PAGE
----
We travelled 2000km down the entire length of the country – in the North rain forest and tropical grass lands and the central plateau (so beautiful) and the more arid south. Angola surprised us every day – such a place of contrasts – the cheapest fuel in Africa (but none at the pumps) and the most expensive hotels. We travelled on fabulous new tarmac roads and spent hours toiling on dreadful dirt roads with the Portuguese influence. Some towns remind me of spaghetti westerns or lovely red tile-roofed villages from the Portuguese countryside. Things are changing so fast.

I spoke to a Portuguese man who arrived back in Huambo in 2002 after the civil war had finished. He told me that there were only 3 cars in town at the time. Now there are literally thousands ploughing the streets. It’s a shame I only had 5 days for Angola, but at the same time I’m glad to be in Namibia and out of the bureaucratic web that surrounds travel through most of Africa.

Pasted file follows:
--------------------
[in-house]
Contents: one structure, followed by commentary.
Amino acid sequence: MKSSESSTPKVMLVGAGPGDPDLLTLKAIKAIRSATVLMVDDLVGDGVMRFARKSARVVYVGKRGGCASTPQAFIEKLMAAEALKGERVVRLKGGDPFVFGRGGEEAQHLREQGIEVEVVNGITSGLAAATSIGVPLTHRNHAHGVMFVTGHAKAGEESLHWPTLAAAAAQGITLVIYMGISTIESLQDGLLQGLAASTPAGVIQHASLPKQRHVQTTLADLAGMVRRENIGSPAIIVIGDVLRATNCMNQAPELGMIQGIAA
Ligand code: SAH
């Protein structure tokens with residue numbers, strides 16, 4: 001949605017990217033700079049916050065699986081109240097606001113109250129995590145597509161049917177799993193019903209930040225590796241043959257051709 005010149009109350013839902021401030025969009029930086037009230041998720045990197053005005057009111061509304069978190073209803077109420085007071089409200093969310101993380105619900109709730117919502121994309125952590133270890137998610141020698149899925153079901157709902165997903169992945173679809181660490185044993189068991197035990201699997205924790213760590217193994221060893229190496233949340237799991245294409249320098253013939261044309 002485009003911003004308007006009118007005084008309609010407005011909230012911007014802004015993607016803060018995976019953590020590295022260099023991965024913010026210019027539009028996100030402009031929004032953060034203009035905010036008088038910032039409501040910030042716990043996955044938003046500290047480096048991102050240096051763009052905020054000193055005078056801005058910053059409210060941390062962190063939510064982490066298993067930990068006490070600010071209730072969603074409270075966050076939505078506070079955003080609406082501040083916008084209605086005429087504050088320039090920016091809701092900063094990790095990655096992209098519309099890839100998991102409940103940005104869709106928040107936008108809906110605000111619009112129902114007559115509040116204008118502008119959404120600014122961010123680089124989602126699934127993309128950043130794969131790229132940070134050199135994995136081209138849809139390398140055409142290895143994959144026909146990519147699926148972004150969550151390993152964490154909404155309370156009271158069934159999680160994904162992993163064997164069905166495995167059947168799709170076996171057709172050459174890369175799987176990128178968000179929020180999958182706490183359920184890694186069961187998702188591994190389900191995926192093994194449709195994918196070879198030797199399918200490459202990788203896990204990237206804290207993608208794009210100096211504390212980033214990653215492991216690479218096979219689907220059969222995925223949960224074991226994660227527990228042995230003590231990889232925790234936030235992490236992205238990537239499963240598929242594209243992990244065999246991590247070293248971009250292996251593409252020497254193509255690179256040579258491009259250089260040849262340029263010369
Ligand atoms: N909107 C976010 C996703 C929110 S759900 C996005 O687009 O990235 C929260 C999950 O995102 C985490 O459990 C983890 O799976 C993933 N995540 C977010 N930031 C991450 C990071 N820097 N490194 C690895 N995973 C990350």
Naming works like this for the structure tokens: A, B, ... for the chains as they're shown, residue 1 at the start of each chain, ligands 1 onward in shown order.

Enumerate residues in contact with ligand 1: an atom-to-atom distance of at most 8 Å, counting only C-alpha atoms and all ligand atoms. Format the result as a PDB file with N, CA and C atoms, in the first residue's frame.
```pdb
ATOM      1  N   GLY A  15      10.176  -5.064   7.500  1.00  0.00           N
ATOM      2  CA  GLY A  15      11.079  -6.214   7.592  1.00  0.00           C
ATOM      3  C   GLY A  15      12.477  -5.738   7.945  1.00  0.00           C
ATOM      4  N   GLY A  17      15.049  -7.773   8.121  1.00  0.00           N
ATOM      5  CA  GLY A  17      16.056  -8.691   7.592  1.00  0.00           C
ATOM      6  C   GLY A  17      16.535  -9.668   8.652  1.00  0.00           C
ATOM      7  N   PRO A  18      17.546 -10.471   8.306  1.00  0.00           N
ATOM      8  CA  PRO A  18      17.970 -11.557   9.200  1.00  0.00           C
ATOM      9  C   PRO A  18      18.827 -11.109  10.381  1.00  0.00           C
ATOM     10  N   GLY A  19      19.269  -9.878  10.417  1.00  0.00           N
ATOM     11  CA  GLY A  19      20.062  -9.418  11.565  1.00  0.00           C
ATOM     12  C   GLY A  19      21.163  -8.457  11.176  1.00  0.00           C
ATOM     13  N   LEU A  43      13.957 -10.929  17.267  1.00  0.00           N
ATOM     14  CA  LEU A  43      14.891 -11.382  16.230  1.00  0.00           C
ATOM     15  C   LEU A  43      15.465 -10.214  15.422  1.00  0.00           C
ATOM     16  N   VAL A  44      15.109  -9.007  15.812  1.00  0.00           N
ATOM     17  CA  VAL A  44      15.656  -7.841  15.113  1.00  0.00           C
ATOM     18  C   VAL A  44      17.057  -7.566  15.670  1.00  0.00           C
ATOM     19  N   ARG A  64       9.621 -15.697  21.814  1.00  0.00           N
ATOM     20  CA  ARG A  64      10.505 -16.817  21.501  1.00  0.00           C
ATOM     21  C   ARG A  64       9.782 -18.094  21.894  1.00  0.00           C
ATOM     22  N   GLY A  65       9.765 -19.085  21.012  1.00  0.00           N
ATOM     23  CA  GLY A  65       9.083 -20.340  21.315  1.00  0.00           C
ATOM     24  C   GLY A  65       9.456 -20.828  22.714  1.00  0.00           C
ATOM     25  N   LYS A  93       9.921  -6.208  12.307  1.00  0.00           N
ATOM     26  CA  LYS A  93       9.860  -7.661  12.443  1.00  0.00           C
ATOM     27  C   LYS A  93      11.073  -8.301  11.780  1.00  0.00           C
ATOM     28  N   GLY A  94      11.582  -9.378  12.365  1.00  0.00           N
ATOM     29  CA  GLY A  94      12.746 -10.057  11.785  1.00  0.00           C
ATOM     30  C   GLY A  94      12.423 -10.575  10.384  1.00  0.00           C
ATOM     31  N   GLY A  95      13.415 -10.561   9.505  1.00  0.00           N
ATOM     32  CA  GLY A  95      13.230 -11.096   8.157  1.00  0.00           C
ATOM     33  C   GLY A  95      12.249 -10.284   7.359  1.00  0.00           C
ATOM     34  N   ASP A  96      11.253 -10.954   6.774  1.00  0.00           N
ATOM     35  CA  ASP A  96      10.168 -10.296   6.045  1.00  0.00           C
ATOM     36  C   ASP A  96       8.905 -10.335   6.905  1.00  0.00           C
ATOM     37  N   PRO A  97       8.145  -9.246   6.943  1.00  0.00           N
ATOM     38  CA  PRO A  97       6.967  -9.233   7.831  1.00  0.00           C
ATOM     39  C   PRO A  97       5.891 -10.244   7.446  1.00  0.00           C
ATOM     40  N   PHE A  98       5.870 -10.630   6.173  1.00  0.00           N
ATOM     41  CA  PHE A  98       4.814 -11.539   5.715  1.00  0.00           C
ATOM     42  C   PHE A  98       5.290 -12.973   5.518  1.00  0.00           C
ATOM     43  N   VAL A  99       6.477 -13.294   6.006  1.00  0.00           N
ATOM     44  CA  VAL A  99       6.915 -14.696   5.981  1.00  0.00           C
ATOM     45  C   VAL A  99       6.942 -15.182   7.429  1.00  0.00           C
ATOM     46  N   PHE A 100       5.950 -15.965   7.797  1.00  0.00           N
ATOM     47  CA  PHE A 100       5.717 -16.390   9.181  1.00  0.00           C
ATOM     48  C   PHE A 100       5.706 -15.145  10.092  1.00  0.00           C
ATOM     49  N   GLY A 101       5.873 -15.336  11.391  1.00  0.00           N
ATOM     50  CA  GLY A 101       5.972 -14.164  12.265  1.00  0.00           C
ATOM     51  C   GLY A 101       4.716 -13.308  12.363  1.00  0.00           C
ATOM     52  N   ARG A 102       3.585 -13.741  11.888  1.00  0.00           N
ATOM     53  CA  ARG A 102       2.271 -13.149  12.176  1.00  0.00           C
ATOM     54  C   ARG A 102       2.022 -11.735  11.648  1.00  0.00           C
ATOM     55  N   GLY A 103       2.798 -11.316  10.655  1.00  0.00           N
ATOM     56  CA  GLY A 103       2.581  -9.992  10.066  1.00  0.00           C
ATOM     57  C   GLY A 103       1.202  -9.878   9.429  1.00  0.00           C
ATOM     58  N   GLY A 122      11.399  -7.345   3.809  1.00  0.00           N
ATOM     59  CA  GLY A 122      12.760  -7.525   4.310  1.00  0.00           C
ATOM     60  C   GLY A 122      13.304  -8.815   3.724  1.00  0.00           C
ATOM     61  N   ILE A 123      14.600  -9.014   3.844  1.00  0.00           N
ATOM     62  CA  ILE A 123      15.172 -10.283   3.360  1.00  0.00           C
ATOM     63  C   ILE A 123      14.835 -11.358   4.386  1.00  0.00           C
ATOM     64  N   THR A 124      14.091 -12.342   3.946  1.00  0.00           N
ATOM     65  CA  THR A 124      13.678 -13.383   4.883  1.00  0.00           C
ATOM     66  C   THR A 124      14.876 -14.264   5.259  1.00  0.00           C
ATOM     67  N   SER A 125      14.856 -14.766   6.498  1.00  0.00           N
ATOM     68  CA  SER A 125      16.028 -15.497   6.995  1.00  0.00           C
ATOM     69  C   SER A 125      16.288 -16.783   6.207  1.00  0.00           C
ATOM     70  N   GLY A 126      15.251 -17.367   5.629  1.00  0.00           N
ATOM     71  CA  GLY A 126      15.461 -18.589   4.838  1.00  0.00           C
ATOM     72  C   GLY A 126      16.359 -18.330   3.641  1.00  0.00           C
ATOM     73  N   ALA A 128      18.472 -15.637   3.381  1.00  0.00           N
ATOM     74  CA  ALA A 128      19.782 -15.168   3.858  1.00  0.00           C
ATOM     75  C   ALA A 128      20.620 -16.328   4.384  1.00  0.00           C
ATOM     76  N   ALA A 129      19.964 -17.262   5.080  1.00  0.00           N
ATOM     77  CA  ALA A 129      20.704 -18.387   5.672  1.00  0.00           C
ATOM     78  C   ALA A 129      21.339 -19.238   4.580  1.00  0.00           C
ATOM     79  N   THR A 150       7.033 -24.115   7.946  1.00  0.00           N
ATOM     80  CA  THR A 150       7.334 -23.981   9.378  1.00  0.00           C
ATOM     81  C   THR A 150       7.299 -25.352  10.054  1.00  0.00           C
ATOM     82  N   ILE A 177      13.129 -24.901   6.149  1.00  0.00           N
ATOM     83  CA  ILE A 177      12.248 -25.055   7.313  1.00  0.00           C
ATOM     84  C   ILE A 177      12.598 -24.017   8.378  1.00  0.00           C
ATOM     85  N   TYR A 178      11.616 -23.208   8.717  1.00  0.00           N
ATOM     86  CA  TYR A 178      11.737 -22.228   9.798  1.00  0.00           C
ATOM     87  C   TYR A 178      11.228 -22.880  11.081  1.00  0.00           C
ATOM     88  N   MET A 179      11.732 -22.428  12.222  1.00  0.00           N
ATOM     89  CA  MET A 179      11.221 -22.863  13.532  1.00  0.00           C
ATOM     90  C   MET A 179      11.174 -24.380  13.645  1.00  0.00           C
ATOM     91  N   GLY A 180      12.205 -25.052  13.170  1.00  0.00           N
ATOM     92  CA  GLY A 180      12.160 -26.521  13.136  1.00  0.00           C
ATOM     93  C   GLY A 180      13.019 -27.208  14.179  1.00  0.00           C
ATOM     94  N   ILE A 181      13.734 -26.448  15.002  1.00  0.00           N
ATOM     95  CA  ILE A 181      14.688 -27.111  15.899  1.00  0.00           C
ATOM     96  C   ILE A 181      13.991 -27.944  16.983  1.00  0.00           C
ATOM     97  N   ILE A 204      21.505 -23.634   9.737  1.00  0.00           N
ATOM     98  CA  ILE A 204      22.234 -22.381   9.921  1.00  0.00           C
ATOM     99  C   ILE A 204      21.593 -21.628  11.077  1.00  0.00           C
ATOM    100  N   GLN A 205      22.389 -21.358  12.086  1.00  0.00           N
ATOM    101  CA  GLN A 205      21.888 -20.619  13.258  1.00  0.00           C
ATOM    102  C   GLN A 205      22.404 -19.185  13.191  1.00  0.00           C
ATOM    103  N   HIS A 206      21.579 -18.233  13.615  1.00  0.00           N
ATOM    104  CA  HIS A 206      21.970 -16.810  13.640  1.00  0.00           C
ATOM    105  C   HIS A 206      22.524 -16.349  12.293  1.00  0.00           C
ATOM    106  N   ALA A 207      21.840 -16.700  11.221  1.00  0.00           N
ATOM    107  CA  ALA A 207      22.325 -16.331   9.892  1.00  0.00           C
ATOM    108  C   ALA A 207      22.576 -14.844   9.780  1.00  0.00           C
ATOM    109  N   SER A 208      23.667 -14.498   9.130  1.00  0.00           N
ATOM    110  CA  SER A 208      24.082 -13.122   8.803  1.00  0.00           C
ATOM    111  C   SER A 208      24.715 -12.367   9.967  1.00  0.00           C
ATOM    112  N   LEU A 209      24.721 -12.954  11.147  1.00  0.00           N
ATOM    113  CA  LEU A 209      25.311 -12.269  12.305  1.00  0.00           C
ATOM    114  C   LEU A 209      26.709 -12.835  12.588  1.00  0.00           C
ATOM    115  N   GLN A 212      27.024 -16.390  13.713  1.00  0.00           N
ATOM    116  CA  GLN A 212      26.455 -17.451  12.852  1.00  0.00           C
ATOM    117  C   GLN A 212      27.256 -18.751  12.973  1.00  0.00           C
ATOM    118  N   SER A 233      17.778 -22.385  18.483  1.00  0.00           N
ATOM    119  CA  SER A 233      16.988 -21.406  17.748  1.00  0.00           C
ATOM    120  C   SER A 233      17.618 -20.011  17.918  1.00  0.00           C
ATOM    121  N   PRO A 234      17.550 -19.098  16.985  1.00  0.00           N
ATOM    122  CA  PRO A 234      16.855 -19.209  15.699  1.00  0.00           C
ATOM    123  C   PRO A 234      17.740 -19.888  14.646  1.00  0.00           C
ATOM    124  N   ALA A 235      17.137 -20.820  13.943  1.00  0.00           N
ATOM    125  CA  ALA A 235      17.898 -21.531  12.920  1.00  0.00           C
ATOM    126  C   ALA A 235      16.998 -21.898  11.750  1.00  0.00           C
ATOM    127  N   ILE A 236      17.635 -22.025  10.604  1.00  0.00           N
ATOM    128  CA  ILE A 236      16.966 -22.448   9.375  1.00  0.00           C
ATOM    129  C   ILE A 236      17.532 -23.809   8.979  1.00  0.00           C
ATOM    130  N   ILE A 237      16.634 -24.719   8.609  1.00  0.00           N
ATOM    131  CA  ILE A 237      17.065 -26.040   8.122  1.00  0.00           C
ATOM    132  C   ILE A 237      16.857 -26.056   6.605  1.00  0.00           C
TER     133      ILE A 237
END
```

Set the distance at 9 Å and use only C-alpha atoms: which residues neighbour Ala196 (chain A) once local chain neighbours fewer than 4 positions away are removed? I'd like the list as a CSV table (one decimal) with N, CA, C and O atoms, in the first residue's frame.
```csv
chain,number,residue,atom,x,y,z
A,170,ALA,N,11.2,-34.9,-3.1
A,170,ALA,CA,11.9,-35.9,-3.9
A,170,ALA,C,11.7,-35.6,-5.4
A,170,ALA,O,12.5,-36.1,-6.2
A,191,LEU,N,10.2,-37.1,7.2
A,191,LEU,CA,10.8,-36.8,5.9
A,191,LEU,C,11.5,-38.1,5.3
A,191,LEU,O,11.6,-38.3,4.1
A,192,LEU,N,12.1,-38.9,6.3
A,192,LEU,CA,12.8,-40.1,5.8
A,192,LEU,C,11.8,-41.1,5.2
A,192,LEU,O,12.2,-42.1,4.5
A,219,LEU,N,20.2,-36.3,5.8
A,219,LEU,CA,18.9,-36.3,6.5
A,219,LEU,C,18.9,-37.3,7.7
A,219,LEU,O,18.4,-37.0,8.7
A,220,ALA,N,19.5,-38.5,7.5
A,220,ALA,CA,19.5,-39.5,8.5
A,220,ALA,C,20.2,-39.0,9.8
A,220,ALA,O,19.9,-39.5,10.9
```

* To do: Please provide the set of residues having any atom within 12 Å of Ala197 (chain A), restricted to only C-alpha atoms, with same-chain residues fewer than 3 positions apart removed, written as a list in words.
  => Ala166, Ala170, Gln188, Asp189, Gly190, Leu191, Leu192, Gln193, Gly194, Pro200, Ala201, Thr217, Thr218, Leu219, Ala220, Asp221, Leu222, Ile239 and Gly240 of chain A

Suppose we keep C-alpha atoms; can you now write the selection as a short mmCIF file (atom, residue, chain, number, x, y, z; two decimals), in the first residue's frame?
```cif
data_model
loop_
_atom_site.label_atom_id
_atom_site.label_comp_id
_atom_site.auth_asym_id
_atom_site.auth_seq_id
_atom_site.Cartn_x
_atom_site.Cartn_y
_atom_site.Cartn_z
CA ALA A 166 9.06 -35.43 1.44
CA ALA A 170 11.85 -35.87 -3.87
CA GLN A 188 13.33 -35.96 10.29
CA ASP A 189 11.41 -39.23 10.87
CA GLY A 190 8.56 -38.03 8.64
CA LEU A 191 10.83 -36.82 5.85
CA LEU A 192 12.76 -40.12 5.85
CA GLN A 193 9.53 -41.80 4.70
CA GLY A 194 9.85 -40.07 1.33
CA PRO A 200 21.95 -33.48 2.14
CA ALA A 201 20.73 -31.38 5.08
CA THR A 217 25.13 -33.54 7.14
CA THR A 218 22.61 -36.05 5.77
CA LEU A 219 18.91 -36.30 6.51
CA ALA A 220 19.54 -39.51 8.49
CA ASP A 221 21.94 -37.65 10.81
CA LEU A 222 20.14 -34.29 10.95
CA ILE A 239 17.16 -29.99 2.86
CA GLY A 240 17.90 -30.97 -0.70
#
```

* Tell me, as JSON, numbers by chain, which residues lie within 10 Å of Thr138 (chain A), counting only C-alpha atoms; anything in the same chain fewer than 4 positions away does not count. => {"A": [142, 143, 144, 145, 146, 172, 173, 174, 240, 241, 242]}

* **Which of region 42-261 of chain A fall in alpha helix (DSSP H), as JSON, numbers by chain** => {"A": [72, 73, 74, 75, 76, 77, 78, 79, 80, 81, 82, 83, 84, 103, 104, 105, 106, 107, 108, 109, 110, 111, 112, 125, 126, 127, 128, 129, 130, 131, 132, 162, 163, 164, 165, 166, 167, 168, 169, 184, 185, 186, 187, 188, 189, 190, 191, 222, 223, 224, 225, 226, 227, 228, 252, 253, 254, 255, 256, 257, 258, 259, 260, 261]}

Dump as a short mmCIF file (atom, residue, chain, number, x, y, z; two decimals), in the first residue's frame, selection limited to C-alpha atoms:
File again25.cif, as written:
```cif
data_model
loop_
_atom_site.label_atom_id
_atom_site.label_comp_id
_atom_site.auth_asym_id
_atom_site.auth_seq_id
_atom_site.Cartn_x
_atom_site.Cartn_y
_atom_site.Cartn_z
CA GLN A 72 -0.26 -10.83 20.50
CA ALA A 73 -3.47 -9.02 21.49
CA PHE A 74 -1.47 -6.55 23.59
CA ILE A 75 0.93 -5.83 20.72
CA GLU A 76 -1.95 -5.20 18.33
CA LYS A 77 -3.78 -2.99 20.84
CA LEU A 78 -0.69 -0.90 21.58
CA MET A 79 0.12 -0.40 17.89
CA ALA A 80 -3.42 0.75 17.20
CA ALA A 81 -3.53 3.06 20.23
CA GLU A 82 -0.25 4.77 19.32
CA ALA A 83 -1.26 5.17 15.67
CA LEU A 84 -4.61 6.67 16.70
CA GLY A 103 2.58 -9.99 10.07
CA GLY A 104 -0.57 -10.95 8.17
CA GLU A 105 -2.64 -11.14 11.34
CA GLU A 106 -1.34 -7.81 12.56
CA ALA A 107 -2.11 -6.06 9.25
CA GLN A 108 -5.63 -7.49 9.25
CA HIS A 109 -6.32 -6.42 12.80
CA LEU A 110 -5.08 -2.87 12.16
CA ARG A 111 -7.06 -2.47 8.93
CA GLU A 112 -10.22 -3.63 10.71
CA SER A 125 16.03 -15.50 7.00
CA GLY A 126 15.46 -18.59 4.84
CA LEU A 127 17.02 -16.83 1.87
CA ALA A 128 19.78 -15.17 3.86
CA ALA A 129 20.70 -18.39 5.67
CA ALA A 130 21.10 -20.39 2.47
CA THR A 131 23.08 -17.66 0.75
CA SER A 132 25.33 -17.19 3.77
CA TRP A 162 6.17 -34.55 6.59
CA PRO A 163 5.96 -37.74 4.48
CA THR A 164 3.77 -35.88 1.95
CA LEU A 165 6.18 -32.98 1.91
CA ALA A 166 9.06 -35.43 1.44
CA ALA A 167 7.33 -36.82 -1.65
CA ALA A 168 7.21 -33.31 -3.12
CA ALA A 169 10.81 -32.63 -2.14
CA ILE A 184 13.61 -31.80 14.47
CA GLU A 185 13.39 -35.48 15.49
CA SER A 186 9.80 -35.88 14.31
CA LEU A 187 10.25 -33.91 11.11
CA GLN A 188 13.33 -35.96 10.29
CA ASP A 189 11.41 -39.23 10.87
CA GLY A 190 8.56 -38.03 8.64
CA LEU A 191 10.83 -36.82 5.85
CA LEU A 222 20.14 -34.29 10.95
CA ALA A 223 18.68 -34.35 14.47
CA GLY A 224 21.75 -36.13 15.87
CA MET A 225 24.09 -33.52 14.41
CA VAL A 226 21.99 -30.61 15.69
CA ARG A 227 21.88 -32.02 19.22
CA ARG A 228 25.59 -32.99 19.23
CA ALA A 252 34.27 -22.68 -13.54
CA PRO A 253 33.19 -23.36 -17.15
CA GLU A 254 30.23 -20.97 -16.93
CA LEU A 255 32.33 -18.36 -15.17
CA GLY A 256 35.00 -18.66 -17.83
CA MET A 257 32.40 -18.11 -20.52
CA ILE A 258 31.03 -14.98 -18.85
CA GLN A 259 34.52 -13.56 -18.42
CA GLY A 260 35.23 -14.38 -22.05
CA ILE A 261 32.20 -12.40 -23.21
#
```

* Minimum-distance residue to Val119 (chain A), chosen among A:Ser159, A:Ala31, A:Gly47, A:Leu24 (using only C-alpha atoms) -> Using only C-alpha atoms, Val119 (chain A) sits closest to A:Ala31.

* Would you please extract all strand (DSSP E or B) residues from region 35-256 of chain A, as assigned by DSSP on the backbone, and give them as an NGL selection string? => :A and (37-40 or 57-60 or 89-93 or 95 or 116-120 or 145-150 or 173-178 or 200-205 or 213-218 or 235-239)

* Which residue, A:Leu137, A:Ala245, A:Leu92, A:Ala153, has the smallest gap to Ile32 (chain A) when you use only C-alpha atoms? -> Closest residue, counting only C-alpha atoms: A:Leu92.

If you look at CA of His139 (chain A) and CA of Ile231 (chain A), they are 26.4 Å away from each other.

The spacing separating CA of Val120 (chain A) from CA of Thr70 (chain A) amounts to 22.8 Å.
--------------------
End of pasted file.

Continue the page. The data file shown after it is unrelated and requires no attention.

I’ve arrived in the part of Africa that I remember and love and I’m looking forward to spending time here as well as showing Tracy around when I meet her down in Cape Town in 10 to 12 days times. So, first thing tomorrow? Buy some biltong! Yum!

Congo into Democratic Republic of Congo

I've been editing most diary entries but this one is coming to you untampered-with - partly because I don't have much time or energy, but mostly because each entry is so fascinating (well, I think so!).  So take your time - maybe you won't read it all in a one-er (it's rather long) - and enjoy it.